noun, plural ab·beys.
Origin of abbey
Definition for abbey (2 of 2)
Examples from the Web for abbey
Every day, I drove from my flat in Mayfair to Abbey Road in joyous expectation of what magic I would be participating in that day.When Gary Wright Met George Harrison: Dream Weaver, John and Yoko, and More|Gary Wright|September 29, 2014|DAILY BEAST
She considered becoming a nun in a French abbey that was once liberated by her grandfather.
It would take until 1969 to get the stone at the Abbey, and the death was to be anything but “happy.”Poet and Rake, Lord Byron Was Also an Interventionist With Brains and Savvy|Michael Weiss|February 16, 2014|DAILY BEAST
Maria sings "My Favorite Things" in the abbey to Mother Abbess, not to the children.‘Sound of Music Live!’ Review: The Hills Are Barely Alive|Kevin Fallon|December 6, 2013|DAILY BEAST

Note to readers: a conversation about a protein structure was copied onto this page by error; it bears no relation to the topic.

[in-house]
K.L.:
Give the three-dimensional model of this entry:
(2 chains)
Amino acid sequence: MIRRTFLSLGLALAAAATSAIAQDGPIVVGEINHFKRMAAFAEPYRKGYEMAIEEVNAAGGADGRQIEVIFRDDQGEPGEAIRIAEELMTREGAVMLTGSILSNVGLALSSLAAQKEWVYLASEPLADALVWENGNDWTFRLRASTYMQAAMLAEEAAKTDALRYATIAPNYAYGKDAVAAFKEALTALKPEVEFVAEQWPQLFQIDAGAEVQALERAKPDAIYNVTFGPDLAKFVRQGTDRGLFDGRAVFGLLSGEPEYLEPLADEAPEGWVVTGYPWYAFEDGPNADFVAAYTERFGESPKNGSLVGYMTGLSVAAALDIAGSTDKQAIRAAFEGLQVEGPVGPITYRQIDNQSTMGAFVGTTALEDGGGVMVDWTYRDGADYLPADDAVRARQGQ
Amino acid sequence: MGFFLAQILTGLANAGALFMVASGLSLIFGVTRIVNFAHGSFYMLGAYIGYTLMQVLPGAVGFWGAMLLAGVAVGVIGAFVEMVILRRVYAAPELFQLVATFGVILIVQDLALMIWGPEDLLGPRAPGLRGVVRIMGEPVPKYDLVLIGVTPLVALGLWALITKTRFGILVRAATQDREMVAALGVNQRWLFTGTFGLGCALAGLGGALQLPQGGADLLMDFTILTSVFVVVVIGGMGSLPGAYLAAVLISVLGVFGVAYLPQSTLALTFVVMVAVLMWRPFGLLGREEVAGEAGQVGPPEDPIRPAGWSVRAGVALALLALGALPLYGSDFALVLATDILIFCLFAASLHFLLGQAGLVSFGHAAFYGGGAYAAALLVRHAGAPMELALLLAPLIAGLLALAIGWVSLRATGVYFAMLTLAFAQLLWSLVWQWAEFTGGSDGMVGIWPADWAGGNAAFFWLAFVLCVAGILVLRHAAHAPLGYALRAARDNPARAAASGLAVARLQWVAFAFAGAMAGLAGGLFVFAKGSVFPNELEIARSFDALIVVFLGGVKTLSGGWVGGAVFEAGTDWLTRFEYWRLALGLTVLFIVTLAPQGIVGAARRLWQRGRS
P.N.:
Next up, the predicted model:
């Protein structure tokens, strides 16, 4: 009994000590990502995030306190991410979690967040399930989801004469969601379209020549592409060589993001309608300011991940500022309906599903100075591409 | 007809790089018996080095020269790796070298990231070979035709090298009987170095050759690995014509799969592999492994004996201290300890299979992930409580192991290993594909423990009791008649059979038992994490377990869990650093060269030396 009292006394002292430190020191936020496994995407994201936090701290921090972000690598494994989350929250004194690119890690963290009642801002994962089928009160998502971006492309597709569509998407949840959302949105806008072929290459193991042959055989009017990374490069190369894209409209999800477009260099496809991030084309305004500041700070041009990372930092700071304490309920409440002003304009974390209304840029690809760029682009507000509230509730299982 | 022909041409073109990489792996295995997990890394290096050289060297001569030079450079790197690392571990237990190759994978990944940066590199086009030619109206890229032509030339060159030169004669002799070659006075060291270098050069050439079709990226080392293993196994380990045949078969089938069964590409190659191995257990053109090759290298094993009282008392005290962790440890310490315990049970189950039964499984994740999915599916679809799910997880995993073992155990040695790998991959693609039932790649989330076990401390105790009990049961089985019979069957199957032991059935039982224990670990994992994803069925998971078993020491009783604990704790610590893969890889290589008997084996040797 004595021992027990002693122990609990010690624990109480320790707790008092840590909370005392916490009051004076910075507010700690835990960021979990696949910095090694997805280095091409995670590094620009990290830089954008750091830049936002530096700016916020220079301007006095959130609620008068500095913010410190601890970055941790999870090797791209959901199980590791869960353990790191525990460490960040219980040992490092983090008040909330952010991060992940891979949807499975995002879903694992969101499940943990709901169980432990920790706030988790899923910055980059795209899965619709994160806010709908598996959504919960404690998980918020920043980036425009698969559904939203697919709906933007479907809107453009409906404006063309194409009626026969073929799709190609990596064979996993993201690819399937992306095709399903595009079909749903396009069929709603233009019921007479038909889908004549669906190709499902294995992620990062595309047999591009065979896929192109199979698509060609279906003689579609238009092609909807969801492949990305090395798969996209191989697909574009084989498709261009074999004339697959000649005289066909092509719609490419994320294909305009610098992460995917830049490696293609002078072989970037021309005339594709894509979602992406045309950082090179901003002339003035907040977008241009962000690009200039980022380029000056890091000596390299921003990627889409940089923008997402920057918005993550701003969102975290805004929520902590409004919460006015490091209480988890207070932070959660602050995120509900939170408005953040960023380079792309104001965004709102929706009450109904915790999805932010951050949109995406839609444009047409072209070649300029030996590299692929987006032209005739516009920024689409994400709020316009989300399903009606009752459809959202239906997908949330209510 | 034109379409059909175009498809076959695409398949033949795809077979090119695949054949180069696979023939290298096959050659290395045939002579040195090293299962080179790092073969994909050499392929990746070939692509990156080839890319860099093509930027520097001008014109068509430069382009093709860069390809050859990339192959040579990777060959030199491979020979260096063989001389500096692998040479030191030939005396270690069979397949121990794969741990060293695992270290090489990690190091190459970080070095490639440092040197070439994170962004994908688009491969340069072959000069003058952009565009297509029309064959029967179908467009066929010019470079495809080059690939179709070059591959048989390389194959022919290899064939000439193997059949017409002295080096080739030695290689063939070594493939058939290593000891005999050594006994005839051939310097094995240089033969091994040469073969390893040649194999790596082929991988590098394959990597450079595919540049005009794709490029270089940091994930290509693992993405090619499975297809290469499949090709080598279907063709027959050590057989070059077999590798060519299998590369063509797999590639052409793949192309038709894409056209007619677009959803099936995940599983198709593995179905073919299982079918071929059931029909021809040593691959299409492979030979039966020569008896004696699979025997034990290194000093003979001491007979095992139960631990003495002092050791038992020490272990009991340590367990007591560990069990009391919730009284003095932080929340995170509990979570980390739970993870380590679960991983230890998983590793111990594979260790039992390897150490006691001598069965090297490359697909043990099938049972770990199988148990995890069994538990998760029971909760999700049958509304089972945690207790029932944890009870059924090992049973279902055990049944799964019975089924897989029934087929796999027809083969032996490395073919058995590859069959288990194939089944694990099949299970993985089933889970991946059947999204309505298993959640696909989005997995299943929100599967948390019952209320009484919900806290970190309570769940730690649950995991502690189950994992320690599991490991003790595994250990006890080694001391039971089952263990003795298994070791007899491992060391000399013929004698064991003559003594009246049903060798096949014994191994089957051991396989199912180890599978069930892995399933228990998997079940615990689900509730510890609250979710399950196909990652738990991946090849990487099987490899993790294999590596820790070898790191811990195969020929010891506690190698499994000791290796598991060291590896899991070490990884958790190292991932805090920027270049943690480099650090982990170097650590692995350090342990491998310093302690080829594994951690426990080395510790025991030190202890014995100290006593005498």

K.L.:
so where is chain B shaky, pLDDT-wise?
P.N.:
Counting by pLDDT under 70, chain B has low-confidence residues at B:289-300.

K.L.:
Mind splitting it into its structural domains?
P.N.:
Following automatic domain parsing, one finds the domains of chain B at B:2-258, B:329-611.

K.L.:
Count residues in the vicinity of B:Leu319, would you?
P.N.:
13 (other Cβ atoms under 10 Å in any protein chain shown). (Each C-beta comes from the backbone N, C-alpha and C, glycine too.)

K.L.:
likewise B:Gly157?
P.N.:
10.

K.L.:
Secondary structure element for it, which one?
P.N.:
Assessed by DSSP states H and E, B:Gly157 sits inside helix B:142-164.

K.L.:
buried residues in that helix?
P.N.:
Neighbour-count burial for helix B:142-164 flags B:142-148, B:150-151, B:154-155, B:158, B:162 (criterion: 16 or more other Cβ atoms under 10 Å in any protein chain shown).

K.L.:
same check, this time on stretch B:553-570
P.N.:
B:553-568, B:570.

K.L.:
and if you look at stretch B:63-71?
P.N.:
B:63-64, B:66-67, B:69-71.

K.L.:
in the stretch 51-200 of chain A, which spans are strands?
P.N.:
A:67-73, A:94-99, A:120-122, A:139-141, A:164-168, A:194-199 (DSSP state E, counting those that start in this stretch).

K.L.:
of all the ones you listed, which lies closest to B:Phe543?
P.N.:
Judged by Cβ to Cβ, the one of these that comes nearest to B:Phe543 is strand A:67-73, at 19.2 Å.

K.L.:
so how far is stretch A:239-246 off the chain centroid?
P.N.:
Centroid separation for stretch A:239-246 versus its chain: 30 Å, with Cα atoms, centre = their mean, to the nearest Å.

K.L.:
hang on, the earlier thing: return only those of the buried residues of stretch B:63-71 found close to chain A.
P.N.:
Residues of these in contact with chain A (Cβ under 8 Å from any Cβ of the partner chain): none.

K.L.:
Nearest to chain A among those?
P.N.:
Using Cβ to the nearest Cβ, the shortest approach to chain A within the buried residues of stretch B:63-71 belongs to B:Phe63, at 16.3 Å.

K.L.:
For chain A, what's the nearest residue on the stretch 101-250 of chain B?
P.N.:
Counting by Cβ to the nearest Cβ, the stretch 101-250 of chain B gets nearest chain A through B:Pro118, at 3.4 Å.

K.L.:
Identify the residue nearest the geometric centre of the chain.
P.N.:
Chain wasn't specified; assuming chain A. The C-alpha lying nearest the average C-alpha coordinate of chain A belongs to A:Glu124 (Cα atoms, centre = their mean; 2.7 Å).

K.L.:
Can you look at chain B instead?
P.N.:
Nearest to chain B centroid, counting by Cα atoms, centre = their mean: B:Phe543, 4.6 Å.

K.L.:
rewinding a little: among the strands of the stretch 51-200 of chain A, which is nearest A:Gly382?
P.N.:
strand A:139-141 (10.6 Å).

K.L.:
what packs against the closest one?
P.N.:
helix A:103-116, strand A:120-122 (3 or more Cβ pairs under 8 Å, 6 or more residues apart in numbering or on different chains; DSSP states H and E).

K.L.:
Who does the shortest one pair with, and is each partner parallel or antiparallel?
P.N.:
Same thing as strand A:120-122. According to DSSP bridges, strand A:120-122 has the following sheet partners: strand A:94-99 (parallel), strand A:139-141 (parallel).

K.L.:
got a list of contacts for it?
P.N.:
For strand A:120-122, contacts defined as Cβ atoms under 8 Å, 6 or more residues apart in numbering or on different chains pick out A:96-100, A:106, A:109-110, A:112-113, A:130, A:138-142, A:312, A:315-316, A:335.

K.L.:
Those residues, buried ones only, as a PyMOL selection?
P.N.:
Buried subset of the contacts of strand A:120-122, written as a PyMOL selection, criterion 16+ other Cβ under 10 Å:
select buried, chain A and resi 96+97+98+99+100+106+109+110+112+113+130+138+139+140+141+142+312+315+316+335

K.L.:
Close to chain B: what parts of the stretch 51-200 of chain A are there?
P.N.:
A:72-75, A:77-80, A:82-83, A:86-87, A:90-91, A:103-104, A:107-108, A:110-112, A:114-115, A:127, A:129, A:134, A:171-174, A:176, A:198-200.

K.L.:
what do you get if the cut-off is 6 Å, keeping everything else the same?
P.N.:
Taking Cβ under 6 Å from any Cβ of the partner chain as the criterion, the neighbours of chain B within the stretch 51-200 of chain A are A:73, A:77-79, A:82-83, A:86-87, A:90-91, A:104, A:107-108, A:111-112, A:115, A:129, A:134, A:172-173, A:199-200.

Well, obvious not in Abbey Road Studios—as Abbeys, Roads, and Studios were not existing 250.000.000 Years ago.
Looks as if the old Abbey had butted up against it, until it all got blown away.Perlycross|R. D. Blackmore
This was the origin of the Abbey of Eeckhout (oak wood) famous in the annals of Bruges.The Story of Bruges|Ernest Gilliat-Smith
During this time Jarrett and I got into Abbey's carriage, which was stationed in front of the theatre where no one was waiting.My Double Life|Sarah Bernhardt
The town and abbey suffered during the Wars of Religion of the 16th century, and the abbey was closed in 1790.
From the chimneys of the abbey a thin film of smoke told only of peace.The Thirsty Sword|Robert Leighton
British Dictionary definitions for abbey
Word Origin for abbey
Word Origin and History for abbey
mid-13c., "convent headed by an abbot or abbess," from Anglo-French abbeie, Old French abaïe, from Late Latin abbatia, from abbas (genitive abbatis); see abbot.